July 2, 1998 * Vol . 12, No. 5
The ongoing fight against violence against women and children recently enlisted two new allies in the form of grants by the Vancouver Foundation and the federal government to the B.C./Yukon FREDA Centre for Research, Education, Development and Action Centre.
Housed at Simon Fraser University's Harbour Centre campus and affiliated with the school of crim-inology, FREDA brings together community groups and academics "committed to eliminating violence against women and children."
FREDA is also part of the national, university-based Alliance of Five Violence Research Centres (AFVRC). The $250,000 federal grant from the Status of Women Canada will be used by the alliance to research and plan a national action strategy for the prevention of violence against female children.
The $22,500 Vancouver Foundation grant supports research on the laws and social policies affecting women and children who are leaving violent relationships. "We want to find out what happens in times of crisis, in the ER, when you call 911, or when hospital policies, or social workers get involved," says Dr. Yasmin Jiwani, executive coordinator of FREDA.
For Don Johnston, of the Vancouver Foundation, this project will "bring a cohesive approach to dealing with this important issue. While we've come a long way in our understanding of issues related to violence against women and children, we need to be constantly vigilant in ensuring that policies and procedures put in place respond to the needs of those we are trying to support."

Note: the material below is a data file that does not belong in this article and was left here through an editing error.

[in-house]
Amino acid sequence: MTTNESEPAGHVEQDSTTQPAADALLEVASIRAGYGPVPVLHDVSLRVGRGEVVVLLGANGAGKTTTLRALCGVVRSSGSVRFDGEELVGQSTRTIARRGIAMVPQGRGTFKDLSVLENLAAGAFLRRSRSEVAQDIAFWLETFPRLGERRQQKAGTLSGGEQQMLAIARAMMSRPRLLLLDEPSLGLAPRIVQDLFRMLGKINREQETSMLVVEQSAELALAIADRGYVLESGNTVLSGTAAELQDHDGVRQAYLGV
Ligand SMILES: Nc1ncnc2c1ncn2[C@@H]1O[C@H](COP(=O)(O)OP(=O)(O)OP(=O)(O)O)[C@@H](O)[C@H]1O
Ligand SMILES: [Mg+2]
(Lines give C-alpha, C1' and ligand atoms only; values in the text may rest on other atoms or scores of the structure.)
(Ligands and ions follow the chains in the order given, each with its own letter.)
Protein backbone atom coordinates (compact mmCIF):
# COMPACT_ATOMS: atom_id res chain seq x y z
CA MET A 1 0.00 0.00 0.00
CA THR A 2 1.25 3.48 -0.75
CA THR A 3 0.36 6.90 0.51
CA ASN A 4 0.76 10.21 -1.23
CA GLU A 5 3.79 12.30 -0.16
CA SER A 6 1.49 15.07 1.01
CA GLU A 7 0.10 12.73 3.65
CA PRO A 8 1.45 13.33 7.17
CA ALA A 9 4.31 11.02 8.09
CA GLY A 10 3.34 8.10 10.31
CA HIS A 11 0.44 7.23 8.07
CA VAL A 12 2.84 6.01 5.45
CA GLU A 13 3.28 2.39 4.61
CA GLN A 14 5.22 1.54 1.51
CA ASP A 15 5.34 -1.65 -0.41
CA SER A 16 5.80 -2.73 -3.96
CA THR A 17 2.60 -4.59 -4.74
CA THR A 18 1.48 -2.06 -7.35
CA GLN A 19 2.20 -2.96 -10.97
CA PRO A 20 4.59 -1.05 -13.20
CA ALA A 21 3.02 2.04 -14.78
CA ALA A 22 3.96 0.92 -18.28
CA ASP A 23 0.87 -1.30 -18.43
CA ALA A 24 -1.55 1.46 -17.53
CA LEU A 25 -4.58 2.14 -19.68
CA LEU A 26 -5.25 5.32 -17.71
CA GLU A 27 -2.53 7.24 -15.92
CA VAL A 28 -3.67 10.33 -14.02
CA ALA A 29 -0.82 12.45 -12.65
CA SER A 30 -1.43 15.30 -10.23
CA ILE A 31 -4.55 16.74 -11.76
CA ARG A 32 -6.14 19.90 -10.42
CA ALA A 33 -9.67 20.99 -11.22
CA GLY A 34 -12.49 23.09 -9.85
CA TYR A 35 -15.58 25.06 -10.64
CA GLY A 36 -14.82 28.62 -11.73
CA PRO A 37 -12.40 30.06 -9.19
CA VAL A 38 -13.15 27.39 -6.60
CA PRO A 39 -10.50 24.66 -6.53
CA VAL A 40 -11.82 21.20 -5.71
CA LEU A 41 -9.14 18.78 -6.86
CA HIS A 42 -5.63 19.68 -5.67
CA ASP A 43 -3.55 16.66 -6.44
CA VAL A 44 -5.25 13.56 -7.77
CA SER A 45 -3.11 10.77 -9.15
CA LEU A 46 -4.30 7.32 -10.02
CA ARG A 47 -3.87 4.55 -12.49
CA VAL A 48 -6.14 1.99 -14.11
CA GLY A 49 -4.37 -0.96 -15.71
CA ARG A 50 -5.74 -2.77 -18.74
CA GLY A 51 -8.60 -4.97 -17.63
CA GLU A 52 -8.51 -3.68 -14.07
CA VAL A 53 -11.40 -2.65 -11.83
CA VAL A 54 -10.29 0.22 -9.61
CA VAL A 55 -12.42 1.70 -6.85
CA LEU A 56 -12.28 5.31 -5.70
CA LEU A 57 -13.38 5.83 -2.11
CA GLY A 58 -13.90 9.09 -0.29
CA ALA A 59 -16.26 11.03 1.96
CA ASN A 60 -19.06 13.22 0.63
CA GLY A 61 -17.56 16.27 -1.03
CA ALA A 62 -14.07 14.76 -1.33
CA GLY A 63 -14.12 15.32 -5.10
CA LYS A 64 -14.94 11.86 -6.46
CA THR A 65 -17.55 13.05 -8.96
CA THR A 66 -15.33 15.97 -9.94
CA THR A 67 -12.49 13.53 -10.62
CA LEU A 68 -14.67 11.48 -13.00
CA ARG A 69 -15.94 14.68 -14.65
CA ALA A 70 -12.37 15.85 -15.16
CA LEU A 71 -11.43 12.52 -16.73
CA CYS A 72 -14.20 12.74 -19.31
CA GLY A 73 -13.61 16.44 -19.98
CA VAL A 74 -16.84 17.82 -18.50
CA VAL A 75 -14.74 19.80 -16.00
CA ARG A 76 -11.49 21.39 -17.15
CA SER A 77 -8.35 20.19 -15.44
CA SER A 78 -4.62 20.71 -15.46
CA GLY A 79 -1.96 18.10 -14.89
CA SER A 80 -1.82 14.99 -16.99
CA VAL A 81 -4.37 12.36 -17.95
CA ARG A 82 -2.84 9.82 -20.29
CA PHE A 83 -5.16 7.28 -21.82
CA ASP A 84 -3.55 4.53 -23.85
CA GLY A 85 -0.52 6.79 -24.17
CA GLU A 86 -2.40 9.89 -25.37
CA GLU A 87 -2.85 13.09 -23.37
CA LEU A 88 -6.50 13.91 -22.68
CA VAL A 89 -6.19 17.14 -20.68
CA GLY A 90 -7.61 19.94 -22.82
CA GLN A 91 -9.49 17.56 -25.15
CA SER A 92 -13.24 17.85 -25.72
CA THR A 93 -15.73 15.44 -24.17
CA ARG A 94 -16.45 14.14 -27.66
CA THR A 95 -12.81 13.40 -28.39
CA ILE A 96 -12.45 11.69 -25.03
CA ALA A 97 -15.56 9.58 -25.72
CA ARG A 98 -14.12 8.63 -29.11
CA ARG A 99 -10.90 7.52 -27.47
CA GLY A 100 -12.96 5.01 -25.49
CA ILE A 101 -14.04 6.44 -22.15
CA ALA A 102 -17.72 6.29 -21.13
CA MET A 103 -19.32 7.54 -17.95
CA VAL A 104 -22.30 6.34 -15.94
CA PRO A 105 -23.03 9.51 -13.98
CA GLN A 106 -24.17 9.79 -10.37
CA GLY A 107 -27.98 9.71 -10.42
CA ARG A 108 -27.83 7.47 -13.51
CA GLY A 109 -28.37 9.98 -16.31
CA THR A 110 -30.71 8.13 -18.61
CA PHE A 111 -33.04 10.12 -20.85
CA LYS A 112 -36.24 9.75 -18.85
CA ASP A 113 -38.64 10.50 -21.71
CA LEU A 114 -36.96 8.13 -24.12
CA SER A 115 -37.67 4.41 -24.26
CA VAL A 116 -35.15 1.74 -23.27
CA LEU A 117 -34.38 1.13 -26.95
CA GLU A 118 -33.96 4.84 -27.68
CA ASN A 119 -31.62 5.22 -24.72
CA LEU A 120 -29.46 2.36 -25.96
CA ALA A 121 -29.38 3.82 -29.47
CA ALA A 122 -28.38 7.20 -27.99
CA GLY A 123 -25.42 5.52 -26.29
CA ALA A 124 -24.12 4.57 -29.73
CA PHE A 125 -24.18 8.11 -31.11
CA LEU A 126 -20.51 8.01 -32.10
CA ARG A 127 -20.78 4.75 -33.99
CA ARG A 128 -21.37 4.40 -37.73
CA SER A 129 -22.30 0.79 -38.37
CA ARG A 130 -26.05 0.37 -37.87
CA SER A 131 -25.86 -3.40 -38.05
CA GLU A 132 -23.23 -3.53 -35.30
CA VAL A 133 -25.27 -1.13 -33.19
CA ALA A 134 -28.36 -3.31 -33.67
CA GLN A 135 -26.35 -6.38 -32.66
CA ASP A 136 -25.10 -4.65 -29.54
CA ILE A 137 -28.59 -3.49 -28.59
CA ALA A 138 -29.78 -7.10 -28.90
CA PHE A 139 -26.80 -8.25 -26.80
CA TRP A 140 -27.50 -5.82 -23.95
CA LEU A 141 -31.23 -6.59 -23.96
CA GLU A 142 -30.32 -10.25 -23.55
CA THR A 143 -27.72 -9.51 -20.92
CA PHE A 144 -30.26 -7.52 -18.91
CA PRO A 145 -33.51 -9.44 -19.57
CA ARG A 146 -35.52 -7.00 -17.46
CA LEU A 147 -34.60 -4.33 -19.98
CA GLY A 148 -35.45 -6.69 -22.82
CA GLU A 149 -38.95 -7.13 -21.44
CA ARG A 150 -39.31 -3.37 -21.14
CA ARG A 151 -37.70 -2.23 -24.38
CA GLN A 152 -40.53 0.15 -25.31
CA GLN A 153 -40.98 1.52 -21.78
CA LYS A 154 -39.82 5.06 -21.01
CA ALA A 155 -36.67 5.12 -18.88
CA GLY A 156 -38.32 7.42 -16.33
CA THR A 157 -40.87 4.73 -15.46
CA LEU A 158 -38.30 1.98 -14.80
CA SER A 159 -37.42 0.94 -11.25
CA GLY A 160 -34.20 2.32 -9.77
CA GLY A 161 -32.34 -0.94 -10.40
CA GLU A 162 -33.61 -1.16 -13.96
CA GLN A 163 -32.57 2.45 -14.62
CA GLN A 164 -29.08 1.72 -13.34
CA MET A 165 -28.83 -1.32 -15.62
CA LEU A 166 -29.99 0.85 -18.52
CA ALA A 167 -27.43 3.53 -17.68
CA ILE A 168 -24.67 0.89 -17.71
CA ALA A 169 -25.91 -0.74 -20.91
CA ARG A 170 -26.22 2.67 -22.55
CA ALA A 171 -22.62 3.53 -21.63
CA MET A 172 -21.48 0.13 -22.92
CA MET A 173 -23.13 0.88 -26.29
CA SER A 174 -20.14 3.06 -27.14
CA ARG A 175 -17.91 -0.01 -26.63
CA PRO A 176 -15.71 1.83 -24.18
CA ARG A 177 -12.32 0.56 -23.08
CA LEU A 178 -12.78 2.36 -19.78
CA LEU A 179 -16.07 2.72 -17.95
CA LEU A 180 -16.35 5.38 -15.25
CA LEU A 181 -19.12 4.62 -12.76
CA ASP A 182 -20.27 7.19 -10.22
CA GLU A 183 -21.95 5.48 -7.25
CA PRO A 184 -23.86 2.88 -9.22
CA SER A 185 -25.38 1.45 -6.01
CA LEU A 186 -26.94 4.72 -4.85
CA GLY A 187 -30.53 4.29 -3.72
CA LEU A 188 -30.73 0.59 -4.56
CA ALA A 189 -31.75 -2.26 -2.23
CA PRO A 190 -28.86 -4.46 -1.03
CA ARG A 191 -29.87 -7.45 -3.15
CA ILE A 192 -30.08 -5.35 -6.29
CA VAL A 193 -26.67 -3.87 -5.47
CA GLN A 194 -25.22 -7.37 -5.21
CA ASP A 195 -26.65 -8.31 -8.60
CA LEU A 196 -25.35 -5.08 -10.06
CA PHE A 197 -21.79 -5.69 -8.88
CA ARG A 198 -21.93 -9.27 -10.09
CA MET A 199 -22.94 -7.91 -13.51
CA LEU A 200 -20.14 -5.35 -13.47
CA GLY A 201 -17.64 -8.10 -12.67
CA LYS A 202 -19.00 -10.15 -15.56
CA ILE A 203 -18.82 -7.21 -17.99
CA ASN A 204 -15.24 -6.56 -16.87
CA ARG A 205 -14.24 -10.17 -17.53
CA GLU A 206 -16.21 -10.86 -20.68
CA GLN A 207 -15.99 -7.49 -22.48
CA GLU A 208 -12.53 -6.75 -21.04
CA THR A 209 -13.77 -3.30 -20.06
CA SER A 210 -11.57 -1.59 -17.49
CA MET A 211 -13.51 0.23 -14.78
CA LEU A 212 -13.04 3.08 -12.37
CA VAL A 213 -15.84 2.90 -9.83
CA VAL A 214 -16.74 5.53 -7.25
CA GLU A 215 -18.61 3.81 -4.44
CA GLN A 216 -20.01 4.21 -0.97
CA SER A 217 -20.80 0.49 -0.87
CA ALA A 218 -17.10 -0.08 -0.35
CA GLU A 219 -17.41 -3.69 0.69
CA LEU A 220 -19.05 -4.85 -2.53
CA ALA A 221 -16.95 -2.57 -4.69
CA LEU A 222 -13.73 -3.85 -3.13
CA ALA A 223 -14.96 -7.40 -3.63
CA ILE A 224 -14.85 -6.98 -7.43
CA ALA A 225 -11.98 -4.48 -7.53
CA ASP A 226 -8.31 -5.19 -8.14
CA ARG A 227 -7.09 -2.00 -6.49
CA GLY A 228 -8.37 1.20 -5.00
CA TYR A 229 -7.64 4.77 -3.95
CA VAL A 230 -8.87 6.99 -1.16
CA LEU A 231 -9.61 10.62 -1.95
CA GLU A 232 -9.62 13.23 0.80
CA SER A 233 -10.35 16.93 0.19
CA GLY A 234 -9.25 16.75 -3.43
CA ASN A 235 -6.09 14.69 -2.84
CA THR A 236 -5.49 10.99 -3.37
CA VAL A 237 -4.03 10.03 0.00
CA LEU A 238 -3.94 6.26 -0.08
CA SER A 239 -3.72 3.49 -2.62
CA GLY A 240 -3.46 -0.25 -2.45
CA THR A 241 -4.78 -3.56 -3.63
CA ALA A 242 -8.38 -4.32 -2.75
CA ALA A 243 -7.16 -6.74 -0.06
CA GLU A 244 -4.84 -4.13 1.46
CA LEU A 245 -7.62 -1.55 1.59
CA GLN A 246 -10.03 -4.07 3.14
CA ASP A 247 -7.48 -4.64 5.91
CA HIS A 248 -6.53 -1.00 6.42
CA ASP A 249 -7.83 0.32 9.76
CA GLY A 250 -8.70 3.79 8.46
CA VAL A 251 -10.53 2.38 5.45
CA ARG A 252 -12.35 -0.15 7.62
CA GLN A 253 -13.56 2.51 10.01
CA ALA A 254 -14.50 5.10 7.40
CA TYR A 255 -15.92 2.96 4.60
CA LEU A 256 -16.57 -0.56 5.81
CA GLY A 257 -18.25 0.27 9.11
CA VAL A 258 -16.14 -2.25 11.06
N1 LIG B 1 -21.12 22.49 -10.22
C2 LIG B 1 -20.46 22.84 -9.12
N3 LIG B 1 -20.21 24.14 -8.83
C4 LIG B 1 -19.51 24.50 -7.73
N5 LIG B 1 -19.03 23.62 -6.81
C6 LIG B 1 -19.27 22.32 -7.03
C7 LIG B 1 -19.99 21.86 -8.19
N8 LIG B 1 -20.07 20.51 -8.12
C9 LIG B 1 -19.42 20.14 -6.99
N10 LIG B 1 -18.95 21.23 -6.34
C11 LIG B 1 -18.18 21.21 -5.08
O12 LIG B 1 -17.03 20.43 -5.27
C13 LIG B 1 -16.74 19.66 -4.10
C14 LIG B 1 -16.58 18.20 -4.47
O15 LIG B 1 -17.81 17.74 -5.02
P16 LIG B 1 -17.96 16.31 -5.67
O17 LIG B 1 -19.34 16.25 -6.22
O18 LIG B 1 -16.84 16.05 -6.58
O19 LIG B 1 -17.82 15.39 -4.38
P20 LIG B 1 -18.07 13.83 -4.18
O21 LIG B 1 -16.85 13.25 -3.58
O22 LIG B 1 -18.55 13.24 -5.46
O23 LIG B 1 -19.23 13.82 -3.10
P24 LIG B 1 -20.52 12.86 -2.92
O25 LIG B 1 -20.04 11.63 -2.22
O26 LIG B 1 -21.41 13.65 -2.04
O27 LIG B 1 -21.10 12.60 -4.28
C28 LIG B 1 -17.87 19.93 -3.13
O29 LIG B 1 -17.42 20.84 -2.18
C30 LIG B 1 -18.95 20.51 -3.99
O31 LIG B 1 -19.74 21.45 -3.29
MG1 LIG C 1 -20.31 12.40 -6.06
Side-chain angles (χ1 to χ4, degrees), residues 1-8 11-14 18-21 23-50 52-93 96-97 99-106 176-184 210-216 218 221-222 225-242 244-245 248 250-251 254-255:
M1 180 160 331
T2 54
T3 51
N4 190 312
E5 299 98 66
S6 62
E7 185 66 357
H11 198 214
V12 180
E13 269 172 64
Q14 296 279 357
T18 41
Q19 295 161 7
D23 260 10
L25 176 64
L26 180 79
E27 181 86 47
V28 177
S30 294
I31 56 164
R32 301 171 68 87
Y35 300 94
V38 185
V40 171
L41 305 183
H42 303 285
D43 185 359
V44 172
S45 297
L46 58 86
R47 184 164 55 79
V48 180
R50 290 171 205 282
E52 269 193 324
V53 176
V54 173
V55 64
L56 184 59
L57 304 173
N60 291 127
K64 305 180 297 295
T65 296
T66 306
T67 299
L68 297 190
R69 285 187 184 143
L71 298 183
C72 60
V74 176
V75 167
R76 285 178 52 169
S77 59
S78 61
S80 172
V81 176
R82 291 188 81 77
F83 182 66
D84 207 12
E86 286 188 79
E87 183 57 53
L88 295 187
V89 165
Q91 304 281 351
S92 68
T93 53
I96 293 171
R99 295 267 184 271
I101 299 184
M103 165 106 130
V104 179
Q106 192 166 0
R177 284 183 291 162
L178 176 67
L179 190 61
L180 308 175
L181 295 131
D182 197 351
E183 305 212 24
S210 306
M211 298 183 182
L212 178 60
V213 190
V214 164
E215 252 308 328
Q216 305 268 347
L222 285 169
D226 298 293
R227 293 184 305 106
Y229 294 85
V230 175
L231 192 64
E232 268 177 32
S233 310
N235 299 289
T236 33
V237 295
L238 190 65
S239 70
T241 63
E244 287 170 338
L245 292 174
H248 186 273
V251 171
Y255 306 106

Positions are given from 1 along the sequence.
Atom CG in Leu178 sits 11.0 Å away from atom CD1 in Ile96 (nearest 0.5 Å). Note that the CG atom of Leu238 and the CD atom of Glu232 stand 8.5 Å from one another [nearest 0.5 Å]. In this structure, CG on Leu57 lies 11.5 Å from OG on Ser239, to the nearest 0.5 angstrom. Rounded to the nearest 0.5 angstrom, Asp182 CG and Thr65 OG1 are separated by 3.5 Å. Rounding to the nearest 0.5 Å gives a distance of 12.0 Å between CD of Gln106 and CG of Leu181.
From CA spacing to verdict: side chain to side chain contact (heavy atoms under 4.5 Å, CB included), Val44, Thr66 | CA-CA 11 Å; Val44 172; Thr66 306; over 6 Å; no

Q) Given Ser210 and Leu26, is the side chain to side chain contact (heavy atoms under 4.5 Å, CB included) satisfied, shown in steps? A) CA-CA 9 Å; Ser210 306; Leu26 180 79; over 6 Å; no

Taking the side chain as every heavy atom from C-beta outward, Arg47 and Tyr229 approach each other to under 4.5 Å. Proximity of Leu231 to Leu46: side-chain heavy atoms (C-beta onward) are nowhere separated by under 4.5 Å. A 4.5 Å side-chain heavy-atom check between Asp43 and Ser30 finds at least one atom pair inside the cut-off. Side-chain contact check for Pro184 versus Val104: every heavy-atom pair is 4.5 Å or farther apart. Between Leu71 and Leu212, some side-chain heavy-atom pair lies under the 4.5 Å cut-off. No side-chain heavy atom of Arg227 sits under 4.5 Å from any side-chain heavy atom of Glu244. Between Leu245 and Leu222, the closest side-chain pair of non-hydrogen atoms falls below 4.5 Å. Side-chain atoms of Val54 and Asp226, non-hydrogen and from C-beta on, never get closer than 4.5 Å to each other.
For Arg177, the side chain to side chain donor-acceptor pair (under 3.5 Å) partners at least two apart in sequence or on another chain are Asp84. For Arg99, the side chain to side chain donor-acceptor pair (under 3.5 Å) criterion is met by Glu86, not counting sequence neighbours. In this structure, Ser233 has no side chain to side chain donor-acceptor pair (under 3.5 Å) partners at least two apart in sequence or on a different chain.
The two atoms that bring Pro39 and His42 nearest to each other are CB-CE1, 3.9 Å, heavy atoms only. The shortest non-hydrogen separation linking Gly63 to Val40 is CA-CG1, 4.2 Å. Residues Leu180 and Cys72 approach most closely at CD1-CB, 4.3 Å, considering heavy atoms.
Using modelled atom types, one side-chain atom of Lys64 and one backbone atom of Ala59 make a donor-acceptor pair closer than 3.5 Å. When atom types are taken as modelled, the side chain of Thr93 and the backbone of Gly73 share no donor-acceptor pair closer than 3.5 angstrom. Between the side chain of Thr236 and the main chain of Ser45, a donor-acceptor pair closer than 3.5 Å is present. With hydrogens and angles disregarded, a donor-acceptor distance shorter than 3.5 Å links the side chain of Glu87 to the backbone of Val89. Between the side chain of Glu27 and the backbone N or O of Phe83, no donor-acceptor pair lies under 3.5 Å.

Each of the centres is gathering information on different issues. They'll meet in October to pool their results and develop recommendations.
The FREDA researchers have already discovered there's little specific data available. "There's material on children but nothing specific to girls," says Jiwani. "We want to find out about the life experience of young girl children and what steps would prevent violence affecting them. We plan to document and bring together information on the issues that impact on the girl child: sexual abuse, wardship, eating disorders, suicide, depression, the entire range of problems."
Community-based research plans include focus groups in several parts of the province and interviews with front-line service providers. "We're very grateful for the support we've received from the federal government, the Vancouver Foundation and the SFU president's fund," says Jiwani. "With their help we hope to identify what works and where the system fails, creating an inventory of services and resources throughout B.C."
FREDA is funded by Health Canada and the Social Sciences and Humanities
Research Council. It supports and undertakes research with community groups
on issues concerning violence against women and children. It also has links
to SFU women's studies and the school of nursing at UBC. For more information
on FREDA programs call 291-5197.
© Simon Fraser University, Media and Public Relations